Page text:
The statement “Trust me” from a manufacturer requires evidence. Trusted third parties exist to verify this statement, assess the arguments and offer a verdict. Expertise, capability, accreditation and reputation come to mind when a trusted third party performs these assessments. Third parties like Brightsight offer a service to developers by providing an independent and impartial assessment on the security capabilities of products. This allows parties without prior knowledge, to consider trust criteria in order to operate in a trustworthy environment. A security certification will be the next step in the trust chain, by having a trusted 3rd party to confirm the findings of the evaluation party and establish the criteria for such evaluations.
From a laboratory perspective, there are two approaches to security: penetration testing and product evaluation.
1. Penetration testing
With penetration testing, Brightsight carries out a series of tests to hack the product. At the end of this process, the developer has an overview of what can or cannot be exploited in the product with certain knowledge. This provides the developer with immediate benefits, as most developers don’t think like hackers and are not necessarily up to date with the latest types of attacks.
2. Product evaluation
Product evaluation takes a more pragmatic approach. Brightsight first performs a vulnerability analysis to understand the potential vulnerabilities and countermeasures in place, and then elaborates a test plan to prove or disprove the hypothesis of potential vulnerability exploits. Additionally, the report generated will have a different level of recognition for certification purposes. Accreditation is an important element in the work of the security evaluation from accredited labs, since this qualifies the level of expertise but also the quality assurance on the work performed, and this reflected on the recognition of the evaluation reports.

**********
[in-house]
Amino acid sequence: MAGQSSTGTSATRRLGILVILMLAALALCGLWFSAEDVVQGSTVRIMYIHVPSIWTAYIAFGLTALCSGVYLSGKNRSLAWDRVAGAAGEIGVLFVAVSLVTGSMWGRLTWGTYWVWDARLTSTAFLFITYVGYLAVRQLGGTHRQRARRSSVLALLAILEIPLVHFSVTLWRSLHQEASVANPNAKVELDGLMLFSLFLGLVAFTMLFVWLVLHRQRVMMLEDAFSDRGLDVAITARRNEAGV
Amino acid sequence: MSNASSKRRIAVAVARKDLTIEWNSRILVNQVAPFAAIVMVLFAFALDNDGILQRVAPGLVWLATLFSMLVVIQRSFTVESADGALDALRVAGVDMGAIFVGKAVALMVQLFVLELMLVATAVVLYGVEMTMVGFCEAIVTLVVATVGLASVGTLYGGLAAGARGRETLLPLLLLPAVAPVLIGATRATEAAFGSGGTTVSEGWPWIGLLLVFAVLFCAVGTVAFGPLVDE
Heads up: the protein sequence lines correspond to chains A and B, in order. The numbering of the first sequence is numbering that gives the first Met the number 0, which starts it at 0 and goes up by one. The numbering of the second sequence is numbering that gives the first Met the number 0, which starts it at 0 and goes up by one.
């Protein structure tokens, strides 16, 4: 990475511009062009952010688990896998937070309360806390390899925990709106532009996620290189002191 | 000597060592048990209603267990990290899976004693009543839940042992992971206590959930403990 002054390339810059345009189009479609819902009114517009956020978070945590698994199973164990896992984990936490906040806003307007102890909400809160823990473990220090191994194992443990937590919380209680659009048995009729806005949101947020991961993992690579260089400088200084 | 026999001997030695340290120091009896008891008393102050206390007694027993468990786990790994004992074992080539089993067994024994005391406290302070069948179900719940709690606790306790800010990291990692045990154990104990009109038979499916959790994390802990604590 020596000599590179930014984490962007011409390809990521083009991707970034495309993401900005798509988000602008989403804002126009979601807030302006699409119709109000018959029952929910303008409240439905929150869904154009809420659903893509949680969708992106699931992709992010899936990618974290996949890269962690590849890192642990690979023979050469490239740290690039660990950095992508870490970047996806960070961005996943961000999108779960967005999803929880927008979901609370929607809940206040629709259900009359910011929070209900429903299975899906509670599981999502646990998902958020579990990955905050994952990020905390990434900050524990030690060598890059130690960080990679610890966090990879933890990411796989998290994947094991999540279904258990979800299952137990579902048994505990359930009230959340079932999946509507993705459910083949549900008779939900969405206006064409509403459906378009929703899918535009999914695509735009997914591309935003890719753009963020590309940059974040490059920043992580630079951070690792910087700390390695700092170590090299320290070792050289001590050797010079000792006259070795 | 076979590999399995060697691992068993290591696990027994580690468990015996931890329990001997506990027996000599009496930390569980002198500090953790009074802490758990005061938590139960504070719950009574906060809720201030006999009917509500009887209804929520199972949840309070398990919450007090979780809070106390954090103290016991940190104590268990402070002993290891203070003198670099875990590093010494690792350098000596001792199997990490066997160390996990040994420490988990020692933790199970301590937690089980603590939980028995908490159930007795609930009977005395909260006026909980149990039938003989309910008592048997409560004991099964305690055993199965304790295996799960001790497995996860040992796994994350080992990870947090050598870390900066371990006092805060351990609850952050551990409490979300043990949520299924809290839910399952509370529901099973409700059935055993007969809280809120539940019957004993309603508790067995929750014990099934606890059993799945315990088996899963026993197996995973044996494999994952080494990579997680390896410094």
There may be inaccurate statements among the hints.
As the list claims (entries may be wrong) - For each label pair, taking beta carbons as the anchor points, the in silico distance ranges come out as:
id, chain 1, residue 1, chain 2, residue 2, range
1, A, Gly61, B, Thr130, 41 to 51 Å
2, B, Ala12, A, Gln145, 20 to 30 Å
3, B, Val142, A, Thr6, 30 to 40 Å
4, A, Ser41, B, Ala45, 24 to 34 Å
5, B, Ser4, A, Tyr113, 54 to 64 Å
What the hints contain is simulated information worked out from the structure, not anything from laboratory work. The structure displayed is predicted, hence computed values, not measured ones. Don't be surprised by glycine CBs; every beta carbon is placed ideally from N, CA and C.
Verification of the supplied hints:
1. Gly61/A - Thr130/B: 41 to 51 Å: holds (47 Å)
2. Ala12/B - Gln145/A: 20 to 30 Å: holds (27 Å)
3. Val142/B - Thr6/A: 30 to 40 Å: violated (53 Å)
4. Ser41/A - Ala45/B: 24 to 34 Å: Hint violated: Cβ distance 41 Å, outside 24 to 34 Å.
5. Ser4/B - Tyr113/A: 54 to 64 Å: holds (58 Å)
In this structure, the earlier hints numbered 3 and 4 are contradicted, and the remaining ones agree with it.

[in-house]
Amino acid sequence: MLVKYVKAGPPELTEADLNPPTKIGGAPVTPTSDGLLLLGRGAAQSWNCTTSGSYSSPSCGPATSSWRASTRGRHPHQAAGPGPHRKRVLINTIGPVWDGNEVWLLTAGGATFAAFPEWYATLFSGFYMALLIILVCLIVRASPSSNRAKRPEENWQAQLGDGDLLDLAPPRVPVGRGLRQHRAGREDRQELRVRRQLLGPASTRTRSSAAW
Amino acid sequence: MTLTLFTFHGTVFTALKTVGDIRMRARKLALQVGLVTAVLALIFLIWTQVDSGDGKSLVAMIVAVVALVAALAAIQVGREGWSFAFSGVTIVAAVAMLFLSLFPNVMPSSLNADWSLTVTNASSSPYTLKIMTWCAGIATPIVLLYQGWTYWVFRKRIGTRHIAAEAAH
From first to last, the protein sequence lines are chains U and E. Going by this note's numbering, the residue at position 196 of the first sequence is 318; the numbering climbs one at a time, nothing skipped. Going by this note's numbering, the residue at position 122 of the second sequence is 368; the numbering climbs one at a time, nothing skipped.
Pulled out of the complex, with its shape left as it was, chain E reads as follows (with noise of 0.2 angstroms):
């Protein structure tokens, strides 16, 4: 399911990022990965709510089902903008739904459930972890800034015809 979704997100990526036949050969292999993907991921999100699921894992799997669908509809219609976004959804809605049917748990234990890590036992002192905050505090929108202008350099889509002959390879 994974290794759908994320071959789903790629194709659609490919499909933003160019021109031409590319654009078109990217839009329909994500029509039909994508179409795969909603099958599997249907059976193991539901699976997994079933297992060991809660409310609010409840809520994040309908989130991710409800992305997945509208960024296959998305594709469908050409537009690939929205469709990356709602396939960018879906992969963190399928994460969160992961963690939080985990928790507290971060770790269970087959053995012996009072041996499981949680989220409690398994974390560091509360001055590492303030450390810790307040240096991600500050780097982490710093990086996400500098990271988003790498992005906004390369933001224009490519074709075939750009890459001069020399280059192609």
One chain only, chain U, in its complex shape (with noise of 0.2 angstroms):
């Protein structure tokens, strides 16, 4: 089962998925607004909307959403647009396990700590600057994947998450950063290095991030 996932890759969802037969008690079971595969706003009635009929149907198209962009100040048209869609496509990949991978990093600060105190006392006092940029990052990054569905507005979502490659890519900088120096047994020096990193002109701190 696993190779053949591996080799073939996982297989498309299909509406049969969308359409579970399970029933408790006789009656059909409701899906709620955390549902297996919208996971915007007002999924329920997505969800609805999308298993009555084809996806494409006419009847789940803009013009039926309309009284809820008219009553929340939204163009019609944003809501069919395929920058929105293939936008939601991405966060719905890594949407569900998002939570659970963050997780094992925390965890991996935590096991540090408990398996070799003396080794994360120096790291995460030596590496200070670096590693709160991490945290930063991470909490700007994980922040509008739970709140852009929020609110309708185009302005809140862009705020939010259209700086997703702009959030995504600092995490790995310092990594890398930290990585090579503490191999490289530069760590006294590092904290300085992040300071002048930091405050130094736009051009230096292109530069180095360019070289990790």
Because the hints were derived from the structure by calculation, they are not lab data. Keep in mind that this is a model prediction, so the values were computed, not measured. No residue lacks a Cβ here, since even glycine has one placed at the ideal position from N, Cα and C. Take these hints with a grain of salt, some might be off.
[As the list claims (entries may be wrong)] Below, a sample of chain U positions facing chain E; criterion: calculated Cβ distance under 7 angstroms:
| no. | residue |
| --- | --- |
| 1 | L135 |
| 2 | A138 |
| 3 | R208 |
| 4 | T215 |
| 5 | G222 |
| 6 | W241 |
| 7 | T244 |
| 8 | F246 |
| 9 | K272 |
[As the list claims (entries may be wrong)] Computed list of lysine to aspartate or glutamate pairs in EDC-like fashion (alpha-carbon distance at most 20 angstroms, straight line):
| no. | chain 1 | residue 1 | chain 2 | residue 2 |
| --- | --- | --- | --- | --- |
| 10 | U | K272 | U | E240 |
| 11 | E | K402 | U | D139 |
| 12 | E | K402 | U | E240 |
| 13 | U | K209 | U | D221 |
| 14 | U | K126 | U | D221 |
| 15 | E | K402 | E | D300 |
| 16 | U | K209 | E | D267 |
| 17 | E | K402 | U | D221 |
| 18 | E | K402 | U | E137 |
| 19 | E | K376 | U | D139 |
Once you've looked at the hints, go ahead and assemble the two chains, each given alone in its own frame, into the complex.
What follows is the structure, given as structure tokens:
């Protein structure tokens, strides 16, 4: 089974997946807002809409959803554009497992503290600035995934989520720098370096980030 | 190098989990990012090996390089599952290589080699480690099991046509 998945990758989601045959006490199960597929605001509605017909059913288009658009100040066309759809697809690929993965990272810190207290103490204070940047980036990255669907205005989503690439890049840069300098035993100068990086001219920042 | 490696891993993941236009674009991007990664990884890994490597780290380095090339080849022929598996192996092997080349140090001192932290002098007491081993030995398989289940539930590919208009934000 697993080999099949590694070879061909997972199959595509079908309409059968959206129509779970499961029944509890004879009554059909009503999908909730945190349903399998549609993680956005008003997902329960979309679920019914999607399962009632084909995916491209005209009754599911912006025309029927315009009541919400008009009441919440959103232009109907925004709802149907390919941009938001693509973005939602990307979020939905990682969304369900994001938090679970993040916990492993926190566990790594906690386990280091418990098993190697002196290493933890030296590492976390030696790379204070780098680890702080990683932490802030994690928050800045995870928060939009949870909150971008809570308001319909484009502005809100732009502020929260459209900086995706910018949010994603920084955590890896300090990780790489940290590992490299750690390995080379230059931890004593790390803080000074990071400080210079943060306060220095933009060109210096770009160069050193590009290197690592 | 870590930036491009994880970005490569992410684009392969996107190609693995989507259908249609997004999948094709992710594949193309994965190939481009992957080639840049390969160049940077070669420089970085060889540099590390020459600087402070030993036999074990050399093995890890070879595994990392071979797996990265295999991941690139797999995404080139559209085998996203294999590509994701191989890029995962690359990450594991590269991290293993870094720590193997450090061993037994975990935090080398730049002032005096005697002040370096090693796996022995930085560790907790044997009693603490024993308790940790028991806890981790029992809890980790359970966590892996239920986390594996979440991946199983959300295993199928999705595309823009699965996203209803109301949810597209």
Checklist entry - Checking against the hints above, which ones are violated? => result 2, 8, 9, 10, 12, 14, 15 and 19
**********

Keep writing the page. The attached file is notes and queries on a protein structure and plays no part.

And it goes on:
From a security perspective, developers may wish to have security evaluations performed by an accredited evaluation laboratory because of a combination of the following factors:
1. Market differentiation
Developers might use the evidence not just as a differentiator or marketing communication tool, but also to translate it on evidence of the premium security features of their products.
2. Risk management
Knowing your product security capabilities also provide a clear return on investment in the area of risk management. The security report can serve as proof of due diligence, or help prevent security-related recalls – and the financial and reputational risks that come with them.
This is where the evaluation laboratory industry has its origins. Compliance is a key element for developers, as the evidence product from third-party evaluations translates into access to market.
In the digital, service-oriented economy, manufacturers reconsider their position towards risk appetite, security and security evidence as a competitiveness driver. All three of the factors mentioned above come into play here; for example, service providers may demand compliance and/or risk management mechanisms from their OEMs. The way to reach the goals of the fully digital society is trust.